Duffy, Senior Circuit Judge, and Swygert and Fairchild, Circuit Judges.
Will construction. An Indiana court ordered that the assets of a testamentary trust be turned over to defendant Guinevere Byers Womack. Plaintiff Raymond Byers was not a party to that proceeding. He and his assignee brought this action for partition, invoking the jurisdiction of the district court based on diversity, and claiming that Raymond was entitled to a one half interest under the will which created the trust. The district court gave judgment for defendant, and plaintiffs appealed.
Item Five of the will, executed in 1928, placed the bulk of testator's property in trust, the income to be paid to testator's two sons. The last three paragraphs of Item Five provided as follows:
"I will and desire that said trust shall continue during the lifetime of my said two sons, Orin Byers and Clifford W. Byers. And upon the decease of either of said sons, if they shall be survived by children lawfully begotten of their bodies, I will and desire that said children of my said sons shall receive the principal of said trust fund in such proportion that the children of each of my said sons shall have and receive onehalf (1/2) of said entire trust fund, share and share alike.
"In the event that either of my said sons should die without leaving surviving children lawfully begotten of his body, I will and desire that all of the trust fund shall be kept intact until the decease of my other son, and that then said trust fund shall be divided among the children of said son who may survive him, share and share alike.
"And if at the time of the decease of either of my said sons, the said deceased son shall leave surviving children lawfully begotten of his body, who are under the age of twentyone (21) years, I will and desire that said Trustee shall keep the custody of said trust fund until such child or children of said deceased son shall reach the age of legal majority, but said Trustee may use the income from that portion of said trust fund to which my said son would have been entitled had he survived, for the use, maintenance and education of said child or children of said deceased son."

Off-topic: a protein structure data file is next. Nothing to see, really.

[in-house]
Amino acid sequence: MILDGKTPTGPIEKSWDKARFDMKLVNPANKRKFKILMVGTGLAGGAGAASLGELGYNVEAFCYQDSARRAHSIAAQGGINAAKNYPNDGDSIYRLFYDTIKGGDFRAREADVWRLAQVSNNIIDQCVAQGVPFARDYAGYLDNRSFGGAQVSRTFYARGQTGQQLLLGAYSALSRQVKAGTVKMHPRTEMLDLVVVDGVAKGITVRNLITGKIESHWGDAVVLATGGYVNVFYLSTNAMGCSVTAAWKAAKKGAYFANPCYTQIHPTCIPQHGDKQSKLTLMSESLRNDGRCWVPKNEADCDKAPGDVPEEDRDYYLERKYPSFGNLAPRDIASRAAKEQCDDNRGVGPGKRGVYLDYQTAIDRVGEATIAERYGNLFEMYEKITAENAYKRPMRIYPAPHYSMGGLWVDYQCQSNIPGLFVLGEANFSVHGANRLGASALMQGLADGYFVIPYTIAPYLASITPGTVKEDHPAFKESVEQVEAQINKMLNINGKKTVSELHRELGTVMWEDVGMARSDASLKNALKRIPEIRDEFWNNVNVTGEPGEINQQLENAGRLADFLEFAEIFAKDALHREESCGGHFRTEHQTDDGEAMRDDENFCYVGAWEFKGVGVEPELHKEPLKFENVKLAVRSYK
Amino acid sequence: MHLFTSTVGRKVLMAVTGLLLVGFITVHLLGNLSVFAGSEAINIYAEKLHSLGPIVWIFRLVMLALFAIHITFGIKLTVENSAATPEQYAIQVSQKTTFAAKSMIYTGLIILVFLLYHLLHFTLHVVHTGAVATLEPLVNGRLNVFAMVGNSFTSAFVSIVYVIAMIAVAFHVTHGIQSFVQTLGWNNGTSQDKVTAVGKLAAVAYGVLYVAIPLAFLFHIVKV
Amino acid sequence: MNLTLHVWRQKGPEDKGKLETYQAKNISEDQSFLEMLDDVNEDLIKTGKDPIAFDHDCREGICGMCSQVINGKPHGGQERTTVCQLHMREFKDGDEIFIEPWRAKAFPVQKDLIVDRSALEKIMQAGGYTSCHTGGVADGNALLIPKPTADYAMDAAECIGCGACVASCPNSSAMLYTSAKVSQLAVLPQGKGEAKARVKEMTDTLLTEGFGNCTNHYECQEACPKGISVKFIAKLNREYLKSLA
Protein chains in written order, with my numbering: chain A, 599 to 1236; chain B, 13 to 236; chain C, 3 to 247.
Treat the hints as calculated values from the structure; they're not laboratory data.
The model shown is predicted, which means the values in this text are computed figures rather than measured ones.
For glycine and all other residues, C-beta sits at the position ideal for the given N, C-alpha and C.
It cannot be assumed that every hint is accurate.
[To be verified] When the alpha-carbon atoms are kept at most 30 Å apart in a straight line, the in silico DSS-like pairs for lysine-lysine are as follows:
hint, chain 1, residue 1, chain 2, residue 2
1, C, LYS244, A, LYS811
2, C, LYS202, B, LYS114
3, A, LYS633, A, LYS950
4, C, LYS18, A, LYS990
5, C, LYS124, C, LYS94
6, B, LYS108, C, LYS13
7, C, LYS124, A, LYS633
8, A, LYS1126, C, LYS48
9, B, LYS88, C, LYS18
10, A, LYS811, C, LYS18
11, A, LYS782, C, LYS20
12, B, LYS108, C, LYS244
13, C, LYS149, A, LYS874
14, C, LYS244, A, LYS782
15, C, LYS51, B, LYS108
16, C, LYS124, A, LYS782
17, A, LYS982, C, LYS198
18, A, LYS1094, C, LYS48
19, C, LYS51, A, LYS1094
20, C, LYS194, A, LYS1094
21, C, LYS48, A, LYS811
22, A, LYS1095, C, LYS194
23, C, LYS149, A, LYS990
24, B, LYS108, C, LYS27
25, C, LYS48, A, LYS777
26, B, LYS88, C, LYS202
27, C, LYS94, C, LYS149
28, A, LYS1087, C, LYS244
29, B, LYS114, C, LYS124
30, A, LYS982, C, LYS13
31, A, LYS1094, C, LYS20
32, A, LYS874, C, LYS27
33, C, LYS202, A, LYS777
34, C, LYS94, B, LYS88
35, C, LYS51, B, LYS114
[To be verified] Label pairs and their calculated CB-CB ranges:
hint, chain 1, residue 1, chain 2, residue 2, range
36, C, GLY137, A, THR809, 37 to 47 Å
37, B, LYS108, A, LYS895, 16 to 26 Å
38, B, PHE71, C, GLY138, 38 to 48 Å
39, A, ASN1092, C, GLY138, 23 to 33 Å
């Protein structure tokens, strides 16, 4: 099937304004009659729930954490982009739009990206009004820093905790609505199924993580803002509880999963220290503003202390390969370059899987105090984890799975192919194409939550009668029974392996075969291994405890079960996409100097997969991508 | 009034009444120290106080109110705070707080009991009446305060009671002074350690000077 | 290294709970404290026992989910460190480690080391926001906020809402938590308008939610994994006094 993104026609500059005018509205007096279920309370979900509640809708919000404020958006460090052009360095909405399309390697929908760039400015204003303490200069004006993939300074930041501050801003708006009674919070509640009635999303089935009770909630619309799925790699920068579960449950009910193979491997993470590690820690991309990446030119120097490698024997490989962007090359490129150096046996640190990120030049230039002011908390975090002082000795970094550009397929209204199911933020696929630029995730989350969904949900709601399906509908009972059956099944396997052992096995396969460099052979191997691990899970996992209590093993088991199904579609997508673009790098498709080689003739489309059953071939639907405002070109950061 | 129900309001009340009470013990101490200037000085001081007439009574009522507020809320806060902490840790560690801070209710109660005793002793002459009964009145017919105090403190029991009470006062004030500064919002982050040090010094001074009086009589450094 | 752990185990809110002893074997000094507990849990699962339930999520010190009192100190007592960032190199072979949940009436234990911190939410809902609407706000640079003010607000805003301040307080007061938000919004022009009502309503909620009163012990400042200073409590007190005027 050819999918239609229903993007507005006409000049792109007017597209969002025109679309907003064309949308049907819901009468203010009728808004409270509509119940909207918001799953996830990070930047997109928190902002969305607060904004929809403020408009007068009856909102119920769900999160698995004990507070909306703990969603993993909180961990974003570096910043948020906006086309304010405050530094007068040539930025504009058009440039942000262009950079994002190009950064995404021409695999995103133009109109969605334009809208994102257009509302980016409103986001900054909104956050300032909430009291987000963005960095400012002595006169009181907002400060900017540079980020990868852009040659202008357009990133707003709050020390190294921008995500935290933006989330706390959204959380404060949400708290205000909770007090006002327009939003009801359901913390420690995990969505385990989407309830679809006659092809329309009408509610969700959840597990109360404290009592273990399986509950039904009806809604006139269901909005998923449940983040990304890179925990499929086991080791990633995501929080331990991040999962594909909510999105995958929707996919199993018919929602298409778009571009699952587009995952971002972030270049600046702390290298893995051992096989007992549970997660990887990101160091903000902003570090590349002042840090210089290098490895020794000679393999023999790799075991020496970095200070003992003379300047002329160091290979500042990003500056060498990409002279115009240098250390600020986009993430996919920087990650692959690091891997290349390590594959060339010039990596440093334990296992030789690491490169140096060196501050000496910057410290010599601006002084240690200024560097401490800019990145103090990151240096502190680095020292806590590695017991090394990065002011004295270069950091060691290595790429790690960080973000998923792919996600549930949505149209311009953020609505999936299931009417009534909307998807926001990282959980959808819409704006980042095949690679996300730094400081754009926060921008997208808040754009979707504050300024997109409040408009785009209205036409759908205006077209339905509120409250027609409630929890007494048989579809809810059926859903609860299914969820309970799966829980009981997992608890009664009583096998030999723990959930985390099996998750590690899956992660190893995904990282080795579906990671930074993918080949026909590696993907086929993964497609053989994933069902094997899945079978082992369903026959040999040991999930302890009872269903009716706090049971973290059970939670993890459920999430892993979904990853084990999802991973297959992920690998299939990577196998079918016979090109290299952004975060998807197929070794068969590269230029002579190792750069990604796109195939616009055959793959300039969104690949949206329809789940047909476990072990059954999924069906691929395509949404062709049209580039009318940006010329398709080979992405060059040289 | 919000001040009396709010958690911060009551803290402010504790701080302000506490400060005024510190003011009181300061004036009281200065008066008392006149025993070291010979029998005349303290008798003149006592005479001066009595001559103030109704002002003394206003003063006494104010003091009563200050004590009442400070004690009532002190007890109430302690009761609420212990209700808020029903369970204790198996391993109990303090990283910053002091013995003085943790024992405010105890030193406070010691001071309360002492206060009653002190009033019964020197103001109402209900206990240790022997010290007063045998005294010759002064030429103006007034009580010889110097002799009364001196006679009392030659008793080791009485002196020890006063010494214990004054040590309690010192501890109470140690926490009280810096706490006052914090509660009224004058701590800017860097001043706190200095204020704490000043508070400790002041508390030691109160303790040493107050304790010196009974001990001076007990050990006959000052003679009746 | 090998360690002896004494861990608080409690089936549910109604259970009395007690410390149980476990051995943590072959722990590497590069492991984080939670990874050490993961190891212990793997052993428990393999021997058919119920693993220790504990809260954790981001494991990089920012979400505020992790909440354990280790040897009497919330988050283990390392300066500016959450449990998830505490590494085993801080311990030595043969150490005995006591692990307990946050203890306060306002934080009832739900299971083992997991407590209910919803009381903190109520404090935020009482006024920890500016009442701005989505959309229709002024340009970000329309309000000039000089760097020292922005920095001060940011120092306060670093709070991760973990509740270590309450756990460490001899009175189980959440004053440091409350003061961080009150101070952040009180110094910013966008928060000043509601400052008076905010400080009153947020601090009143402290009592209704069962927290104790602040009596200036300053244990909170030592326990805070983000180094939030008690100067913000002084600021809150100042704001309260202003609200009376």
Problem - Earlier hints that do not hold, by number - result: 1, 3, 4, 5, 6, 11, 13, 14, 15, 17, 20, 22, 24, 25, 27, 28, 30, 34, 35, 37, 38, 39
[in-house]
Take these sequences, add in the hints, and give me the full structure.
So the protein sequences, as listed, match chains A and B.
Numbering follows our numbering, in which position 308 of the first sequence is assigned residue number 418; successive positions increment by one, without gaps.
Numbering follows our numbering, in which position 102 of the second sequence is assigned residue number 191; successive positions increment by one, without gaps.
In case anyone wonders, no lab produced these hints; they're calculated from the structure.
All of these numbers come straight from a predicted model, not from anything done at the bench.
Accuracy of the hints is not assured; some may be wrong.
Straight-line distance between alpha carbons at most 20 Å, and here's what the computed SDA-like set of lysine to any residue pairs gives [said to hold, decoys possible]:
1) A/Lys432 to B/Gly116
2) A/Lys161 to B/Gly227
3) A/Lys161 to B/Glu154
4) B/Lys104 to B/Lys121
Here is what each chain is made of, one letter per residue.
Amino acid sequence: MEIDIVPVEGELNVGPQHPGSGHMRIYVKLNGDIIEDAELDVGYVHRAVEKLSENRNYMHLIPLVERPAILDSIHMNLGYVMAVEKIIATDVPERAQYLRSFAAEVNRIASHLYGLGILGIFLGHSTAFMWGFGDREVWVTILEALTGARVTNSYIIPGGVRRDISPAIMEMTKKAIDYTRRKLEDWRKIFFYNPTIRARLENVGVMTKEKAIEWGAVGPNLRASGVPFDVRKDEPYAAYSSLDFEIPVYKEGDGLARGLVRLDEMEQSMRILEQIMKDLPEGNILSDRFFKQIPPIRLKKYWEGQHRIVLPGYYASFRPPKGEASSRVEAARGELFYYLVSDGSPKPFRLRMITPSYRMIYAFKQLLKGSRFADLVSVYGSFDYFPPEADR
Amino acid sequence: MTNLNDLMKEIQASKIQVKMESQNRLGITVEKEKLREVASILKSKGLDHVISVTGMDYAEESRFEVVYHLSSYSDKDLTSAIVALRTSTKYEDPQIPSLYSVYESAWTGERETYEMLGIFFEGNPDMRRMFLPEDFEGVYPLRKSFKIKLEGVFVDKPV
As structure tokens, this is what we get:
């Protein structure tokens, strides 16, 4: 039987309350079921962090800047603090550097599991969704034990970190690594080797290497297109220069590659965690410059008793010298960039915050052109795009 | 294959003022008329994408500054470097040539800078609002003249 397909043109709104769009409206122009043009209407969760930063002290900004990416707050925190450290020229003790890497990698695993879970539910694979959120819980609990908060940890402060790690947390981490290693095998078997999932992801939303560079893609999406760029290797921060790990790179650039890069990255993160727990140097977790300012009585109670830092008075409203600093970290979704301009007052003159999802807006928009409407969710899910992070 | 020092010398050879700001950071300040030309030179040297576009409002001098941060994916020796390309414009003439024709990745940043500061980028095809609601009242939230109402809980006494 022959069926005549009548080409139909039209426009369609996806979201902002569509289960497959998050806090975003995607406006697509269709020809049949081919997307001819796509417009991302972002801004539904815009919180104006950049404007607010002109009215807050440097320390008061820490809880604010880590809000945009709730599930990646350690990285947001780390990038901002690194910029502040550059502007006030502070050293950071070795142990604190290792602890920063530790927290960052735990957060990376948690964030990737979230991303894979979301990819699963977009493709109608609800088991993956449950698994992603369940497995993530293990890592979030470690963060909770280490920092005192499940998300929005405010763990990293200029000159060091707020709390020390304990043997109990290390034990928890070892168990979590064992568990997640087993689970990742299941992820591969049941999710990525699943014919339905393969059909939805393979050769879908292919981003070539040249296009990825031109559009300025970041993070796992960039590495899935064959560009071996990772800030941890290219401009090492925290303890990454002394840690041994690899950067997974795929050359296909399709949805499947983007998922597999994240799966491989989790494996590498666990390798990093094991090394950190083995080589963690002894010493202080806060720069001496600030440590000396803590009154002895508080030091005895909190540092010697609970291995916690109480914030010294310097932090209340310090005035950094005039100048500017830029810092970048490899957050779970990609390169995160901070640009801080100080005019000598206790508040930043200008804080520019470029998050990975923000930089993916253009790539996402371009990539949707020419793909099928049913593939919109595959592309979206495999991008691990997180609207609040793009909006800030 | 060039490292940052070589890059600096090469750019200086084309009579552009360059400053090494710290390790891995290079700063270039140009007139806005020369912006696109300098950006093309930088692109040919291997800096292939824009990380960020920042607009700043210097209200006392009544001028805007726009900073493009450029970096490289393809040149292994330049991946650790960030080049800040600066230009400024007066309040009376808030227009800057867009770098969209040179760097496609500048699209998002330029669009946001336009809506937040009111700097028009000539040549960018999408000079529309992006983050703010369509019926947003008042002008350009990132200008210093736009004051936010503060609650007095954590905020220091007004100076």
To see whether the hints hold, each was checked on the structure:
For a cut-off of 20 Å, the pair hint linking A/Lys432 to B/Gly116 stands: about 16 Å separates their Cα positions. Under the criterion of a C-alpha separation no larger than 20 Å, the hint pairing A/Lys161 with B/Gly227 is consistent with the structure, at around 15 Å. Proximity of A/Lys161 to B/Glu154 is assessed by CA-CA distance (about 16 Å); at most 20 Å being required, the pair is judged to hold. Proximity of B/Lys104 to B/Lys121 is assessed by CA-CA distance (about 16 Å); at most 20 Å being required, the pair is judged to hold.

Raymond is the illegitimate son of testator's son, Clifford. Defendant is Clifford's legitimate daughter. Another legitimate daughter survived testator but only for a few months. Testator died in 1937, Orin (childless) in 1941, and Clifford in 1961.
Plaintiffs claim that the language of the penultimate paragraph of Item Five, providing for division "among the children of said son who may survive him" was intended to include illegitimate as well as legitimate children, arguing that the modifier, "lawfully begotten," used elsewhere, had been deliberately omitted here to accomplish this result.
The learned district judge concluded that the language in question referred only to legitimate children, as in the cases where the modifier was used. We agree.
Our reading of the will in the light of the circumstances leads us to the conclusion that testator, who knew of the existence of Clifford's illegitimate son, intended that his property pass to the legitimate children of his sons, and that the omission of the modifier "lawfully begotten" in this instance was either an oversight or its insertion was deemed unnecessarily repetitious.
Although Clifford had two legitimate children living when the will was executed, testator could not know how many legitimate children might be born either to Clifford or Orin, and hence the use of the word "among" rather than "between" does not have the significance Raymond claims, i.e., that testator was thinking of division "among" Raymond and the two daughters.
Plaintiffs have not convinced us that while testator wished to limit the distribution to legitimate children if both his sons left such children, he desired to provide for Raymond, as well, if only Clifford left children.
The law of Indiana is to be applied. The supreme court of Indiana has said:
"It is a rule of construction that prima facie the word 'child,' 'children,' or other terms of kindred, when used either in a statute or will, mean legitimate child or children or kindred." Truelove v. ...